Spring is whimsical and wary right now, first appearing in a patch of sunlight and then fleeting away in an ice-cold breeze, only to reappear a little later in the liquid song of a redwing blackbird. I wear my winter coat one day, a hoodie the next, and then it’s back to the winter coat the next morning as a heavy frost sparkles on rooftops. Only recently have I given up my thick scarf, though if there’s a wind tomorrow, I may have to pull it out of the closet and wind myself up in it once more.
but the bravest flowers are blooming, the winter aconite and snowdrop. Winter
aconite is a small yellow flower that’s easy to overlook; it remains shut until
the sun has deeply soaked its petals, then pops open like a tiny jewelry box to
reveal gold petals centered on delicate pistils and stamens. The snowdrops this
spring huddle close to the ground, nearly lost in the mud and dead leaves. As
of yet, there are no daffodils blooming—their leaves have come up only an inch
or so out the brown ground. They are cautious and since it freezes each night,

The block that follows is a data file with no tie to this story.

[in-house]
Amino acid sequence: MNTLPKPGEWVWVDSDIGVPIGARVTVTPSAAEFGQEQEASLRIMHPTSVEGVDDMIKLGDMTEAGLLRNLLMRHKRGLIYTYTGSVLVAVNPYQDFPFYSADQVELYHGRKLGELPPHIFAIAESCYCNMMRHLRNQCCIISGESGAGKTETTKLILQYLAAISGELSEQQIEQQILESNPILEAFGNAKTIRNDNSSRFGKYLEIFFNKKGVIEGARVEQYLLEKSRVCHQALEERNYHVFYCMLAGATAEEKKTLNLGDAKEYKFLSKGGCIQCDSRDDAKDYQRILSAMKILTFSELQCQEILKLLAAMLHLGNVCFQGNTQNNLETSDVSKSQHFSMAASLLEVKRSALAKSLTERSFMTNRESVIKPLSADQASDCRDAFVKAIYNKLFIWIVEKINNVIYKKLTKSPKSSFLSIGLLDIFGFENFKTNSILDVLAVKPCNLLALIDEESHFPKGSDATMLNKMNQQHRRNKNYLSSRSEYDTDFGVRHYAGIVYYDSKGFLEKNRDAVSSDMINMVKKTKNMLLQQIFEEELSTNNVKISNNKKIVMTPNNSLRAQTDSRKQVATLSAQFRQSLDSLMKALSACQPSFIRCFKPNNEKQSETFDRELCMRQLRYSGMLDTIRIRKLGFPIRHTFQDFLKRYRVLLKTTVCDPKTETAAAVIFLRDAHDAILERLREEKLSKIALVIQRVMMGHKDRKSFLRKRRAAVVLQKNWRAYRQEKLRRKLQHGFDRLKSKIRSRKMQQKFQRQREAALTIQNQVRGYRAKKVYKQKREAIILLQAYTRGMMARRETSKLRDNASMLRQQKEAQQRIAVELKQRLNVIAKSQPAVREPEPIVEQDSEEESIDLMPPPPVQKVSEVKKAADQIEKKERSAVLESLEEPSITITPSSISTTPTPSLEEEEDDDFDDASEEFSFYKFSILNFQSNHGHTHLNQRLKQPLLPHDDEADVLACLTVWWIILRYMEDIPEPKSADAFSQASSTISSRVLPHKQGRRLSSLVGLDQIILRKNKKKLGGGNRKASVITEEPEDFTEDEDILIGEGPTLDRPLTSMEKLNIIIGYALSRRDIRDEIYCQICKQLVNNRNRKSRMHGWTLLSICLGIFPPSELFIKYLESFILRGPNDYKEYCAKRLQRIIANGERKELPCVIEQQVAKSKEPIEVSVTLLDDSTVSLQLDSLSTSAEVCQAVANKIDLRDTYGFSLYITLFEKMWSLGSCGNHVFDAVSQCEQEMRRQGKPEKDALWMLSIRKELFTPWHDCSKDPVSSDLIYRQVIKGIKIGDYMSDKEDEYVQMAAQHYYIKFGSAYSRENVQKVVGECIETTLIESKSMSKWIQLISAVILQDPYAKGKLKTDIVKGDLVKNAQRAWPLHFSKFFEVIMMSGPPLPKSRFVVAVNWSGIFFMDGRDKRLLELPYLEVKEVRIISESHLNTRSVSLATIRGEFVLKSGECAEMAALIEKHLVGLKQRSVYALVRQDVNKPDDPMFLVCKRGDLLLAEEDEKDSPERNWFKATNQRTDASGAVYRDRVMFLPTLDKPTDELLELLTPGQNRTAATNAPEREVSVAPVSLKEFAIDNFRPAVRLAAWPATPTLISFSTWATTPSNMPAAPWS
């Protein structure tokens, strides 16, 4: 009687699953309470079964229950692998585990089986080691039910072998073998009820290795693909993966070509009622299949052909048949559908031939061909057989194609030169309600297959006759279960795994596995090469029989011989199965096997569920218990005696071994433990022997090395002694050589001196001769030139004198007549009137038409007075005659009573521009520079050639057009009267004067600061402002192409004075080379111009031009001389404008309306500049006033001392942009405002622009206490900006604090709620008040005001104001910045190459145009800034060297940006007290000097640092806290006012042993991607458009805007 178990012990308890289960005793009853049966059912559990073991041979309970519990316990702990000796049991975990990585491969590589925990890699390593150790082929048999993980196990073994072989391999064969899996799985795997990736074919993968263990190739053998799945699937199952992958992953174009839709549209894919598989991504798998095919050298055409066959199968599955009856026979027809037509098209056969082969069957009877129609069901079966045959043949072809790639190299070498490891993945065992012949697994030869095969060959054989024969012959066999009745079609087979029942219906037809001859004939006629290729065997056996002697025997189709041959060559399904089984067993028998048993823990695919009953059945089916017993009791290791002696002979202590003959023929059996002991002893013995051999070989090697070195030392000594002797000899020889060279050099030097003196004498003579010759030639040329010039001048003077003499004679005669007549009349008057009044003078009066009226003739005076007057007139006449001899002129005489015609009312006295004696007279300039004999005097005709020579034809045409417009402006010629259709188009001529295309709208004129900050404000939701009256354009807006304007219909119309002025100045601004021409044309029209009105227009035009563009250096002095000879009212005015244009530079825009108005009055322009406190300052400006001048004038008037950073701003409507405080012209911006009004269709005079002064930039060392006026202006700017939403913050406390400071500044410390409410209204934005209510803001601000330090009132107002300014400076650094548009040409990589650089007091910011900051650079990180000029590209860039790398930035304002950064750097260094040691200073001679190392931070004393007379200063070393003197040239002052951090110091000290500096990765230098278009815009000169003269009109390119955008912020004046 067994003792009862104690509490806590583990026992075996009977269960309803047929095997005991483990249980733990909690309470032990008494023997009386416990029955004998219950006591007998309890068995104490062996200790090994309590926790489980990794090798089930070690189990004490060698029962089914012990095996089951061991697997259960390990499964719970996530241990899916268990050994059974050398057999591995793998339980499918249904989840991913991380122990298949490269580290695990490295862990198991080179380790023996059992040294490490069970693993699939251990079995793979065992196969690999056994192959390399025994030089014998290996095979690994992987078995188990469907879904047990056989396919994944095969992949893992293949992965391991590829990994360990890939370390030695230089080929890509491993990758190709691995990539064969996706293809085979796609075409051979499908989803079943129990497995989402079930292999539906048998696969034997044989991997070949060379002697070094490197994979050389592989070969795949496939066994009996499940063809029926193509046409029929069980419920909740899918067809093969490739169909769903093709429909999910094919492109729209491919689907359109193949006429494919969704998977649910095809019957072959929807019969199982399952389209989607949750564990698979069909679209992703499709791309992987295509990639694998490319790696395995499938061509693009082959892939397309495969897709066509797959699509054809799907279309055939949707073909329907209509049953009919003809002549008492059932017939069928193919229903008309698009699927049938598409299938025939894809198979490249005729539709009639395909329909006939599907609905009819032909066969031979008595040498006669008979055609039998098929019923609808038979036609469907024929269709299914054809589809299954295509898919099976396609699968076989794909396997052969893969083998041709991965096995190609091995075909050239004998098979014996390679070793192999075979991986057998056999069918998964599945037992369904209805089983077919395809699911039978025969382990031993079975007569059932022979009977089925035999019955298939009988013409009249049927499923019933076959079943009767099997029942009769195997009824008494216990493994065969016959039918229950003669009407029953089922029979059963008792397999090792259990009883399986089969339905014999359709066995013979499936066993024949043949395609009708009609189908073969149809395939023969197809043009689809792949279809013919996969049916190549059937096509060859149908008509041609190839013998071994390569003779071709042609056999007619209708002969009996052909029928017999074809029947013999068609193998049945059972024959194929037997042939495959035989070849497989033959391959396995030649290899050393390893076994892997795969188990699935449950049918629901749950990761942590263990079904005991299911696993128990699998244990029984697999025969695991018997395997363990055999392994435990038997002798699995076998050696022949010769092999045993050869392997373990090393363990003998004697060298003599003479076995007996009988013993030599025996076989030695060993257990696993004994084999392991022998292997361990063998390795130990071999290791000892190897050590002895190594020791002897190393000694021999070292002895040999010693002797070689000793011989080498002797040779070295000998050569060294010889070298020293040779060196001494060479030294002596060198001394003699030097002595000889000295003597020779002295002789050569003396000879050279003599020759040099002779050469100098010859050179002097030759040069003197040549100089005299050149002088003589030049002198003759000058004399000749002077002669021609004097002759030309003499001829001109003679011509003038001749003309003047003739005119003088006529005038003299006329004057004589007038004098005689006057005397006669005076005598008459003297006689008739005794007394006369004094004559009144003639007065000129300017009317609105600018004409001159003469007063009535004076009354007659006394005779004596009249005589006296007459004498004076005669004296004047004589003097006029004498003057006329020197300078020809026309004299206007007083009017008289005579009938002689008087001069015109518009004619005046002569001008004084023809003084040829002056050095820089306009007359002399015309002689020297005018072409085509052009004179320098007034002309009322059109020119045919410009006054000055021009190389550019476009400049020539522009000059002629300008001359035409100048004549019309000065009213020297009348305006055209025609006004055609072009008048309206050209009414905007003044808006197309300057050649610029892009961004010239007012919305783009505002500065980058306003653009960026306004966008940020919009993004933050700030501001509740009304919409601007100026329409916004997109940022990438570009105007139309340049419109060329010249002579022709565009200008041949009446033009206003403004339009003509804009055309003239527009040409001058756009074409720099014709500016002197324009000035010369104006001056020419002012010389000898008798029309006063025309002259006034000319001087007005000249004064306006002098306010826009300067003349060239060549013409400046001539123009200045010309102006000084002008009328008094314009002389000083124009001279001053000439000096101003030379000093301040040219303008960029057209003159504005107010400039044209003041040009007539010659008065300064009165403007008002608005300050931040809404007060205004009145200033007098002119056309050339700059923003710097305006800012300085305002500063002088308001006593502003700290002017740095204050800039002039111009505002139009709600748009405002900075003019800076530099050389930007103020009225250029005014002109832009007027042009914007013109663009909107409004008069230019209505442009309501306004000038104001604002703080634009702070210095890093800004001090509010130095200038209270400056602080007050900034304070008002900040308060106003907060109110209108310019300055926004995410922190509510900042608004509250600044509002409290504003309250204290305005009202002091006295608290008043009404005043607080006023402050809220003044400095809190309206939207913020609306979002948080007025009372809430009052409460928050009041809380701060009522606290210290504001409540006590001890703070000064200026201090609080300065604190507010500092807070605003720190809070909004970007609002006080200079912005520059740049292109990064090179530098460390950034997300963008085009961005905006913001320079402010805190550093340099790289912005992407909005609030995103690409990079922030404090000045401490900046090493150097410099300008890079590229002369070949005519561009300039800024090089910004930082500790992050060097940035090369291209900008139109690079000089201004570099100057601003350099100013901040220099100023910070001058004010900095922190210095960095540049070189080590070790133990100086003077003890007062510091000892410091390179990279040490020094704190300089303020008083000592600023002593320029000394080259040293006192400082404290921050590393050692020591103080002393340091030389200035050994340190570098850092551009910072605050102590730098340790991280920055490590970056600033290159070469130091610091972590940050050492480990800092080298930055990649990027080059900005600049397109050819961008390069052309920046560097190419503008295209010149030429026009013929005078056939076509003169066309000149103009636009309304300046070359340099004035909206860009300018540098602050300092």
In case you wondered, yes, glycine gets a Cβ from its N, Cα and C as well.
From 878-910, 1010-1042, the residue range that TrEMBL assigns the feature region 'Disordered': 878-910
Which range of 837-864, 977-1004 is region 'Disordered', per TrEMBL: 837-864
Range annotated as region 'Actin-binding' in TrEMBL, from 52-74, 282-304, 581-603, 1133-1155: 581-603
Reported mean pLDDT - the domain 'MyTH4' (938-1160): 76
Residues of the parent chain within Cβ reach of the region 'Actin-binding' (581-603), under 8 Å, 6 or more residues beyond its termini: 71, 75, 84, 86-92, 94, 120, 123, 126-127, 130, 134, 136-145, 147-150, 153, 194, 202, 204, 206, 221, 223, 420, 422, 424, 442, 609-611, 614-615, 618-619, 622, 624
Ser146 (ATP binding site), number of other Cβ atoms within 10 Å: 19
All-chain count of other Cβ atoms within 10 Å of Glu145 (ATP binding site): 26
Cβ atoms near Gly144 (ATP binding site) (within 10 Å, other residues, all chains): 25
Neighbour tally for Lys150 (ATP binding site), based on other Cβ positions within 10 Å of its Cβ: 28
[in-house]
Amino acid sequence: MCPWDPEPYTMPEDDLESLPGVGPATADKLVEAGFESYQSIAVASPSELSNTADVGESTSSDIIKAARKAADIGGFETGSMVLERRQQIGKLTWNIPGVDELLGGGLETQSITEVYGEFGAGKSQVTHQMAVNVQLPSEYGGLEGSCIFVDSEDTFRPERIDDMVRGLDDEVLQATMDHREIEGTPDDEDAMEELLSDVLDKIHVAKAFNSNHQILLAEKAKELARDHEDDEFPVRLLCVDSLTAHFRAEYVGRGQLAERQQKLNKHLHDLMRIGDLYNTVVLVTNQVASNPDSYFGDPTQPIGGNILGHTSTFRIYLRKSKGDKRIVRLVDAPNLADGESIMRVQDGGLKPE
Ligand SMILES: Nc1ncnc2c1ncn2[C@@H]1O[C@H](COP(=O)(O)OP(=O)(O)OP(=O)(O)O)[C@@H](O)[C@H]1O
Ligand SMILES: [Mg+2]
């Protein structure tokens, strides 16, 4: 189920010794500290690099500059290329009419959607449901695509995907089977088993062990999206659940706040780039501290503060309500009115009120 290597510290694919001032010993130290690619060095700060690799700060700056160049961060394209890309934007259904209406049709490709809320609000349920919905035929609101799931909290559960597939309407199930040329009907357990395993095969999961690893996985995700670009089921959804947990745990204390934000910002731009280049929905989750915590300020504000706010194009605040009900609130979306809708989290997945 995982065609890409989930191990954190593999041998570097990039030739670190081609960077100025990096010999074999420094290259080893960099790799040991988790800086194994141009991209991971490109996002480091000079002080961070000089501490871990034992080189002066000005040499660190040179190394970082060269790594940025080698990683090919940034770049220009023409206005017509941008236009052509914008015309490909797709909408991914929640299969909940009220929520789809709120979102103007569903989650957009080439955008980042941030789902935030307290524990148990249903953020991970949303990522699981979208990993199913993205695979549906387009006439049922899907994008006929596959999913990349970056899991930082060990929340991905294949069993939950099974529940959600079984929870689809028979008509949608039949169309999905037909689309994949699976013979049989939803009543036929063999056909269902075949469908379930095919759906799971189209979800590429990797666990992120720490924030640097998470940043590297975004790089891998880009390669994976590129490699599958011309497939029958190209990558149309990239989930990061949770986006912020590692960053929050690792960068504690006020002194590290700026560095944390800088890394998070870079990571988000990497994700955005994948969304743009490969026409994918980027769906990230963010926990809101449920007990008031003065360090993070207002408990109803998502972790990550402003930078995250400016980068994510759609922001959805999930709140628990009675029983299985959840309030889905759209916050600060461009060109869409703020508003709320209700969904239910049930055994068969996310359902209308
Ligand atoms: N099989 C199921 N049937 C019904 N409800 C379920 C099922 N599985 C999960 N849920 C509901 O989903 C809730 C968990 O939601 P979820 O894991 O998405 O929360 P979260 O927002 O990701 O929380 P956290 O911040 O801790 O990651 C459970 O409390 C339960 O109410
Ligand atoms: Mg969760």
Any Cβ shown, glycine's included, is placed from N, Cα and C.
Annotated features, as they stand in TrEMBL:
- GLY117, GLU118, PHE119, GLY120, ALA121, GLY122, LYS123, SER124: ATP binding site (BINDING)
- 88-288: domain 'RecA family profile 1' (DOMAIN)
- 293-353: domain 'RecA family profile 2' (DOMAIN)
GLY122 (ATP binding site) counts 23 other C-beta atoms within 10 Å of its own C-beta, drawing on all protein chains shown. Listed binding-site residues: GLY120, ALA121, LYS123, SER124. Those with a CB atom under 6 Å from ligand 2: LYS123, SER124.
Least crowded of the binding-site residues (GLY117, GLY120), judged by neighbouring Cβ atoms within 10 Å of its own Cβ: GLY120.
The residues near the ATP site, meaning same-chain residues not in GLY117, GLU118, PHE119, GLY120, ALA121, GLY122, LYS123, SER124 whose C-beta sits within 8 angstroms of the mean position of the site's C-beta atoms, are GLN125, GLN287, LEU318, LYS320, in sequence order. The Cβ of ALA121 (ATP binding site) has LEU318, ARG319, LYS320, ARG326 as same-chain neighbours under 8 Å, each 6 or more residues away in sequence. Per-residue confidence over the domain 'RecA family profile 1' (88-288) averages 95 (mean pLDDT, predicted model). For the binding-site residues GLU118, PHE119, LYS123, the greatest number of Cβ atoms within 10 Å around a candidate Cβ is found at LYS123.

I cannot blame them.
the flowers there is the ground itself: a muddle of browns, thick with the
rotted tree leaves and the dead foliage of last year. There is nothing lovely
to see here, only the form of the land itself. It swells and slopes up from the
river, lies low along the horizon, and finally drops into a ditch.
an unexpected day in early March, once the snow disappeared, city workers came
to clean up the young trees and invasive species that have been growing avid
and unchecked along the creek near my home. It is the first time I can see the
contours of the land clearly in all the years I’ve been living here, and I’m
struck by the curves and lines that slope down towards the creek, a rollicking bed
of dark brown that makes a strong contrast to the bright blue overhead. The
undulating land here is small but it’s a dream, a reason, a mysterious being
that wraps through the neighborhood’s mind. Soon enough, this dark and curving
space will be clad in green, heavily wreathed by plants, bushes and eager
saplings. But for now, it is bare and exposed, revealing the dark space between
winter and summer. This is where the wind snaps cold like a knife, but the
brilliant sunshine keeps calling everyone out despite the drear.